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Several years ago, Mark Zuckerberg had grand designs for American schools.

The Facebook founder and his wife, pediatrician Priscilla Chan, poured well over $100 million into an online platform known as Summit Learning that initially aspired to be in half of the nation’s schools. In 2017, Zuckerberg suggested that technology-based “personalized learning” could vault the average student to the 98th percentile of performance.

Fast forward to this summer: The Chan Zuckerberg Initiative, the couple’s philanthropic arm, laid off dozens of staff on its education team and announced a shift in strategy. “Our understanding of what’s possible in the world of education — and in our world more generally — has changed,” Sandra Liu Huang, CZI’s head of education, wrote in an August blog post. “And so, at CZI, our education efforts must change too. Navigating these changes is humbling and challenging, but ultimately, necessary.”

It was an acknowledgement that the company’s prior education strategy had fallen short of its hopes. Through a spokesperson, Huang declined an interview request, but noted in her blog post that the company is continuing its work in education, albeit with a different strategy. “This moment demands not just investment but innovation — and that’s why we are building a team of experts and partners to identify opportunities where technology and grantmaking can drive coherence,” she wrote.

CZI’s shift in approach marks something of a coda to an era when various advocates and funders believed that computer-based “personalized learning” could dramatically improve education. Summit, CZI’s pet project, has not spread as far as once hoped, and there’s little evidence that it or similar efforts have led to the large learning gains that Zuckerberg envisioned. This gap between ambitions and results underscores the difficulty of using technology to dramatically improve America’s vast system of decentralized schools.

“People keep hoping that our technologies are the Swiss Army knives or steamrollers that they can do everything,” said Justin Reich, a professor at MIT and author of a book on the limits of technology in education. “Instead, our best technologies are very particularly shaped ratchet heads and the landscape of education is millions of bolts.”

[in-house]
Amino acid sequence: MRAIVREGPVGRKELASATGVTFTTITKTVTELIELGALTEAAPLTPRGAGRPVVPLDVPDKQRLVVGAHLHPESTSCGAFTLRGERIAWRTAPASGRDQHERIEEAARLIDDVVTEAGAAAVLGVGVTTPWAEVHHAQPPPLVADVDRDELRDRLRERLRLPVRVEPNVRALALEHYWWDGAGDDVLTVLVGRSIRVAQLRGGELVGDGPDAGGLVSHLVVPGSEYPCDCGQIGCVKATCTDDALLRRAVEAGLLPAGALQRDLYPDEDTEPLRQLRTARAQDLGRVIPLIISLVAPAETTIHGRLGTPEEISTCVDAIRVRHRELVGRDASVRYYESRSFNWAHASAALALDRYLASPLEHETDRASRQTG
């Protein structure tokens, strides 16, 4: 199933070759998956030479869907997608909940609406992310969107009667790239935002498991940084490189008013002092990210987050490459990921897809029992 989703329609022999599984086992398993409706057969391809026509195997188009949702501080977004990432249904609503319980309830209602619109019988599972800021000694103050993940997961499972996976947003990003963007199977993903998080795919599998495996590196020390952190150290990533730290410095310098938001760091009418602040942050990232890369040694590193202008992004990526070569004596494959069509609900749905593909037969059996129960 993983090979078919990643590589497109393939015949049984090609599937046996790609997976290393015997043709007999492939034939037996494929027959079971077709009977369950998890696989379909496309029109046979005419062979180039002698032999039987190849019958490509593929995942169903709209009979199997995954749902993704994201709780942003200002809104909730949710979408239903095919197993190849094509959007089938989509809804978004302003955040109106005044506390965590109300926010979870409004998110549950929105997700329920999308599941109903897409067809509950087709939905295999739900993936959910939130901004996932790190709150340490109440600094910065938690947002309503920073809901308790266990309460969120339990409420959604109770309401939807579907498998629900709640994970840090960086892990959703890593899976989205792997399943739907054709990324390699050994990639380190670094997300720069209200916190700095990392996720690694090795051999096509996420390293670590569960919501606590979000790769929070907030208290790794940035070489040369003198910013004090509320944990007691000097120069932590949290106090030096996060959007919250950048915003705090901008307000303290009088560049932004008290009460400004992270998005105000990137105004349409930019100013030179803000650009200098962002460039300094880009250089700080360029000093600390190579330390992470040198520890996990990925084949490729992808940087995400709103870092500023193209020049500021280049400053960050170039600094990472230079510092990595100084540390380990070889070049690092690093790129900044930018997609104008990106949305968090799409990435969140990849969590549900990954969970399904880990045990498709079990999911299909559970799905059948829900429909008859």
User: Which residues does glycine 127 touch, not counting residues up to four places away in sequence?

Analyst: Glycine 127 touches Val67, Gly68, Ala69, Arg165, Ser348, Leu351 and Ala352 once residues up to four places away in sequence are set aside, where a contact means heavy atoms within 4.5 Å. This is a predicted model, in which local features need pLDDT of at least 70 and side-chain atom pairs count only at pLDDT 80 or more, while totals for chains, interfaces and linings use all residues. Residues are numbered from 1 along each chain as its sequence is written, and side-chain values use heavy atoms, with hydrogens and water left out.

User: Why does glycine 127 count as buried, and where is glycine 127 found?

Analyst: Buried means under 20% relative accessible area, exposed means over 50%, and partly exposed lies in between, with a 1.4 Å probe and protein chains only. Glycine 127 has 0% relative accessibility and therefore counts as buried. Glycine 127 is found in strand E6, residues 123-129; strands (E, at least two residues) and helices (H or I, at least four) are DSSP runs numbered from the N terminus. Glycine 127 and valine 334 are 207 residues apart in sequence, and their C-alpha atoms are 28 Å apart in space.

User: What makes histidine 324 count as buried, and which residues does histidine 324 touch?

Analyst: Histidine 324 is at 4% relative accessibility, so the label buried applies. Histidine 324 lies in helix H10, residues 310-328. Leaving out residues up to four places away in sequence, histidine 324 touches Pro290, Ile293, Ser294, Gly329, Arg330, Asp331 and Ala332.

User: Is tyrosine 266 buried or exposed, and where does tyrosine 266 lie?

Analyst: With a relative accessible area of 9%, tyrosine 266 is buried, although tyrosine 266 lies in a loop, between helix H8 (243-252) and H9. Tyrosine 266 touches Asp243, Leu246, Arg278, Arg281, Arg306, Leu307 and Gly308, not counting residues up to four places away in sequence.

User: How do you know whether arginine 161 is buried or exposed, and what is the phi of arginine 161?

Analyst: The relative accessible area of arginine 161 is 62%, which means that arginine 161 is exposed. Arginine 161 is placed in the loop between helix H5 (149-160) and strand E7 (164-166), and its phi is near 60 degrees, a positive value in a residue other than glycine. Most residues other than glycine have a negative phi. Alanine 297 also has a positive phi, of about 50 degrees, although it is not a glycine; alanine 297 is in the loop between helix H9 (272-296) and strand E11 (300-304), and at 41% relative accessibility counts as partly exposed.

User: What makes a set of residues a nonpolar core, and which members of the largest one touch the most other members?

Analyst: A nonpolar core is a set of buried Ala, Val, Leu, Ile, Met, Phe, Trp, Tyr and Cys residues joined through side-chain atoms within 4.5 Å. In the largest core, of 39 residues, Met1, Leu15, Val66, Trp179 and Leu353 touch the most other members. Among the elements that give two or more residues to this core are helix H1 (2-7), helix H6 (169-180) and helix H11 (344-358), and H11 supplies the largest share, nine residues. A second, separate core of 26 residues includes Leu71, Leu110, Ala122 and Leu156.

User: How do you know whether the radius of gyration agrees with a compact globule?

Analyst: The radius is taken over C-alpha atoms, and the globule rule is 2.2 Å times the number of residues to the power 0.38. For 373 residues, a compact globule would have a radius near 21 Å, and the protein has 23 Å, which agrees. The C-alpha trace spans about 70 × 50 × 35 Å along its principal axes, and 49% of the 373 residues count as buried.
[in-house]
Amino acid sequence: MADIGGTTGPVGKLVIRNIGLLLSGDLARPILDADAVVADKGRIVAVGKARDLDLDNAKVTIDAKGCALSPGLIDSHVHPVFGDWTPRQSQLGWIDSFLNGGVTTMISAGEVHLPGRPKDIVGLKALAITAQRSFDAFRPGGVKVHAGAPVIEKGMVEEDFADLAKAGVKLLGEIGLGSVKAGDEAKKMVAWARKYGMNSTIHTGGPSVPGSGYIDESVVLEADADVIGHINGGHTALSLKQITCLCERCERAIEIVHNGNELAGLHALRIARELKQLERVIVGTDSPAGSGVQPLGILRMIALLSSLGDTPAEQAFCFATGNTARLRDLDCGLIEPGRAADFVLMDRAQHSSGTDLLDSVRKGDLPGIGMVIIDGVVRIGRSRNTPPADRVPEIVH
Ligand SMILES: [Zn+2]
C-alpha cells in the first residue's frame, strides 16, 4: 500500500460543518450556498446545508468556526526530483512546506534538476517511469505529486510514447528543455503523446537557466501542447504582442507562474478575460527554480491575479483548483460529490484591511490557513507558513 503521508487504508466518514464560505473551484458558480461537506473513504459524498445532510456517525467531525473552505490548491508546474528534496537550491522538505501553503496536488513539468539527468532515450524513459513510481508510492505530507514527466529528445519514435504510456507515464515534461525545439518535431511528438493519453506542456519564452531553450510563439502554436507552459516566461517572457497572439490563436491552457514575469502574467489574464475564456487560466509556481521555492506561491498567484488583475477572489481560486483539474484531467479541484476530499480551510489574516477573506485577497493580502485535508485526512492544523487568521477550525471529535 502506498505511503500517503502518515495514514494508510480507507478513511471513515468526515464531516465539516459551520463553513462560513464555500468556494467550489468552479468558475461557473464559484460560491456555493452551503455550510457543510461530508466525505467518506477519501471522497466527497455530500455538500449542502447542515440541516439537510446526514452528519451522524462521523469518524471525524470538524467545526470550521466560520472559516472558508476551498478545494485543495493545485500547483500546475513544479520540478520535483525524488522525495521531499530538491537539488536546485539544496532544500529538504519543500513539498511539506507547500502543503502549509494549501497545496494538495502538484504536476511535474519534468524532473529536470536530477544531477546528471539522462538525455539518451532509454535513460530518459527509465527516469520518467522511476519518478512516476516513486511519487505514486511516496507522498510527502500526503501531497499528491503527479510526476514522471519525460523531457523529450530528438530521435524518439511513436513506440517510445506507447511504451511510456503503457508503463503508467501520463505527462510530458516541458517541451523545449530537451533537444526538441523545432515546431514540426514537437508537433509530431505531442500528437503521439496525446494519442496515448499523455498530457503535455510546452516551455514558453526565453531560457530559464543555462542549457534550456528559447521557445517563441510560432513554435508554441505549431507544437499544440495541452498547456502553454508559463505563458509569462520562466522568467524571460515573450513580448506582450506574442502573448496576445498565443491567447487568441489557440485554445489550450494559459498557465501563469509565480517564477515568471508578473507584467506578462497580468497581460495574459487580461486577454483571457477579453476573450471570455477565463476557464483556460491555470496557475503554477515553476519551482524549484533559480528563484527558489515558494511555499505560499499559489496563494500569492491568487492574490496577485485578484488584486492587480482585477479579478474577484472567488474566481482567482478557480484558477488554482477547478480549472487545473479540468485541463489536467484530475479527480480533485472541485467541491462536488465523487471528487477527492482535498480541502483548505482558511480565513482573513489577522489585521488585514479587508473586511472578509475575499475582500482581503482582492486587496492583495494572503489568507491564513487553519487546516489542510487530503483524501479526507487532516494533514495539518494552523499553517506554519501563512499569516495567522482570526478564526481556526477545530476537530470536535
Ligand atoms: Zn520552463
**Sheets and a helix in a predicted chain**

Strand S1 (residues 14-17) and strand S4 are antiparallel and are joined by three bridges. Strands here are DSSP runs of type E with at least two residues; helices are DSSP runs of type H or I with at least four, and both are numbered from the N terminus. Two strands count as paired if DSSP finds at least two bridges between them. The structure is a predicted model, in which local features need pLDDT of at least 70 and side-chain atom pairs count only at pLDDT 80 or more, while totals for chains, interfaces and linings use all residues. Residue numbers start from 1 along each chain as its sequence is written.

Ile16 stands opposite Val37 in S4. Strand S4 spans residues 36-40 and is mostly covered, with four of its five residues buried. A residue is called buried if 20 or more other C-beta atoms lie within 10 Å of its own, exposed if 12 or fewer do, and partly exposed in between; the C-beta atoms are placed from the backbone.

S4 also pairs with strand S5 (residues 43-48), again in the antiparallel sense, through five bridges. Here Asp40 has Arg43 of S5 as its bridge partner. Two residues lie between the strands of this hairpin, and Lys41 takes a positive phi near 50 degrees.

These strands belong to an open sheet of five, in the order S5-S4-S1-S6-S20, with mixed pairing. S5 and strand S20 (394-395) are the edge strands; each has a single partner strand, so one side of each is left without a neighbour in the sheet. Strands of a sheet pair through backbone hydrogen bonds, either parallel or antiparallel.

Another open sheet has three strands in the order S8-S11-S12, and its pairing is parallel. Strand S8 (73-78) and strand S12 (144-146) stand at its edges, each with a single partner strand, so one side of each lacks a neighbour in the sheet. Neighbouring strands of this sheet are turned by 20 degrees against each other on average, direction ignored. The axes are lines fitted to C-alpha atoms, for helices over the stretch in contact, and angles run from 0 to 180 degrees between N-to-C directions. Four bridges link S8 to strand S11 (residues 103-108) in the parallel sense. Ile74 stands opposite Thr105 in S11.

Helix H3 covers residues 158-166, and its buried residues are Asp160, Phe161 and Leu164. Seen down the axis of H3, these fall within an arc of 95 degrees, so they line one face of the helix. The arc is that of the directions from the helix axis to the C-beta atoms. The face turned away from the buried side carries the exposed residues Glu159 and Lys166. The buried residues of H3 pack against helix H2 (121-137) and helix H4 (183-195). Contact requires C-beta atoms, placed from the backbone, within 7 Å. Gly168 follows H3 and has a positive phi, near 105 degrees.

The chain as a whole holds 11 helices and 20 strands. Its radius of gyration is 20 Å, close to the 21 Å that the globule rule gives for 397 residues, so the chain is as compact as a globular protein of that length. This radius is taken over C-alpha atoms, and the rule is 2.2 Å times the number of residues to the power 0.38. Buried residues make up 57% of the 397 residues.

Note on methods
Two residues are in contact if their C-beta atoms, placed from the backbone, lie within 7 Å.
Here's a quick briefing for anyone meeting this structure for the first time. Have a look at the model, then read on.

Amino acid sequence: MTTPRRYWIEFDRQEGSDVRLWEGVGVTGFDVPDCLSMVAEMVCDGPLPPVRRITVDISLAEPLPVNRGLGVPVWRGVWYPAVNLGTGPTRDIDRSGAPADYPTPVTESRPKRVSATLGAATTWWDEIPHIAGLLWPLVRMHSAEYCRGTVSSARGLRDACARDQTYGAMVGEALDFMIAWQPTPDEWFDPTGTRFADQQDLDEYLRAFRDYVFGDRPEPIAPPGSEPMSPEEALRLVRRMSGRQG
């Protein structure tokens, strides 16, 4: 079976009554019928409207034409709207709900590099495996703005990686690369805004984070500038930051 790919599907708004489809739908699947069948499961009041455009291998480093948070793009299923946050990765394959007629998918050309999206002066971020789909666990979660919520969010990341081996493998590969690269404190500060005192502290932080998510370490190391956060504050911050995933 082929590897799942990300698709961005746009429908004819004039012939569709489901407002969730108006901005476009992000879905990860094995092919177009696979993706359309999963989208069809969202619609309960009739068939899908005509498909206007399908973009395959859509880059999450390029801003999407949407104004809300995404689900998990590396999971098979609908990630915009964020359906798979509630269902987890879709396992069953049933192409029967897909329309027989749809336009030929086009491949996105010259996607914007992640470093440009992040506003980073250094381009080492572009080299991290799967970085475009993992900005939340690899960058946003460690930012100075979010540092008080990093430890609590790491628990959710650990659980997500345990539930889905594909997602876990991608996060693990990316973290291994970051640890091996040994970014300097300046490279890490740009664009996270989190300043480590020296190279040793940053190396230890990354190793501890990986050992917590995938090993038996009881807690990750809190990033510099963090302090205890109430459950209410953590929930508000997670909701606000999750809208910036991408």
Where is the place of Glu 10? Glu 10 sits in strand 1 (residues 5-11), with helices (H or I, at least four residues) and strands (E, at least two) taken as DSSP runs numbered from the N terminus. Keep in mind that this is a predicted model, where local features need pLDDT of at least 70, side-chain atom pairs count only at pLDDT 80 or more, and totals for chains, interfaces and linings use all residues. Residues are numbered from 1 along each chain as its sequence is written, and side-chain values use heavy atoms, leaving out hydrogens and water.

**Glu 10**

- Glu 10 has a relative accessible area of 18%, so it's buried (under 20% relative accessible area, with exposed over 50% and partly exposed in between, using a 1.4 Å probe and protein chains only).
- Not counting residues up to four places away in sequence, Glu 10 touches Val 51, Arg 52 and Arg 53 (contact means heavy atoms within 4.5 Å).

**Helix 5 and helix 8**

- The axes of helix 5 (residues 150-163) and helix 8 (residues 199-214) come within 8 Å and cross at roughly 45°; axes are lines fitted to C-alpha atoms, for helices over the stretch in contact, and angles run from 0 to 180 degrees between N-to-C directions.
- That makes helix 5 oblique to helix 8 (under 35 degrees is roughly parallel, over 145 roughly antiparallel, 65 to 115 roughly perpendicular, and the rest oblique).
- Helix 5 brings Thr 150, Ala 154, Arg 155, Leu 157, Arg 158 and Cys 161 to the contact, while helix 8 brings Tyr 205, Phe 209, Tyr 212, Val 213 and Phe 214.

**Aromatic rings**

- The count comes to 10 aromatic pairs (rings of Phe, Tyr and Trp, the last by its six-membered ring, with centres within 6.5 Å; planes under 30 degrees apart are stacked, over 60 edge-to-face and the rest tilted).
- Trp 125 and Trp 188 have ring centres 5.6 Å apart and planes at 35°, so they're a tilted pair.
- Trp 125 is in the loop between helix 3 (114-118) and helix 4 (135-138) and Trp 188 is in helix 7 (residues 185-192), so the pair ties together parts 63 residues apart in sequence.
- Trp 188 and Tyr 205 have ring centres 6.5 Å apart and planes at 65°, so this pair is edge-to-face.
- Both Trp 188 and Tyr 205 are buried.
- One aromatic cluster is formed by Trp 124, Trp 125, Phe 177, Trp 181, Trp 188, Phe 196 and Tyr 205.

A big bet on “personalized learning”

In 2014, Zuckerberg and Chan both visited Summit Public Schools, a Bay Area charter school network that had recently integrated technology into the school day. Zuckerberg was impressed and wanted to know how to scale their model nationally.

The following year, Facebook announced a partnership with Summit to help develop software that would be made available outside the charter network. “It came onto the scene with quite a bit of fanfare,” said Sarah Reckhow, a professor at Michigan State University who has studied education philanthropy. 2015 was also the year that Zuckerberg and Chan pledged to donate 99% of their Facebook fortune to charity, through the newly formed CZI.

Summit would be a key part of the couple’s education strategy. A case study from the time described Summit as a multipart model, which included time that students spent with an adult mentor, project-based learning, and “expeditions” in various fields like arts or computer science. 

Summit also featured 16 hours a week of “personalized learning time.” Students worked at their own pace on a computer, which fed them a “playlist” of content where they learned specific skills. Students could move on once they got eight of 10 questions right on an online quiz.

That seemed to be the biggest draw for Zuckerberg, who contrasted the approach to “having every student sit in a classroom and listen to a teacher explain the same material at the same pace in the same way.” He suggested this could lead to transformational improvements in student learning. The goal, he wrote in 2017, was “scaling this approach to every classroom.” 

Zuckberg was also a part of a $100 million investment in AltSchool, a private network of schools run by a former Google employee who hoped to spread innovations to the public schools. 

At that point, the excitement was based more on hope than hard evidence. Still, Zuckerberg and Chan were hardly the only enthusiasts for technology-infused learning. Other funders, including the Gates Foundation, promoted similar ideas. (Gates is a supporter of Chalkbeat.)

“Personalized learning” had emerged as “a reliable buzzword in education circles, and right now, its star is rising,” wrote Michael Horn for Education Next in 2017. “Leading foundations, school networks, and nonprofits are putting it front and center in their efforts.”

Summit comes under scrutiny

Over the years, Zuckerberg ended up pouring large sums of money into Summit Learning. In April of 2019, The New York Times reported that CZI had made $99 million in grants to Summit. More recently, between 2019 and 2022 according to CZI’s grants database, the organization channeled $125 million to Gradient Learning, a nonprofit that now administers Summit. 

These are vast sums in the world of education philanthropy. 

Much of the money has gone to develop and maintain the Summit Learning Program and provide training to educators. Schools can receive the program and training free of charge.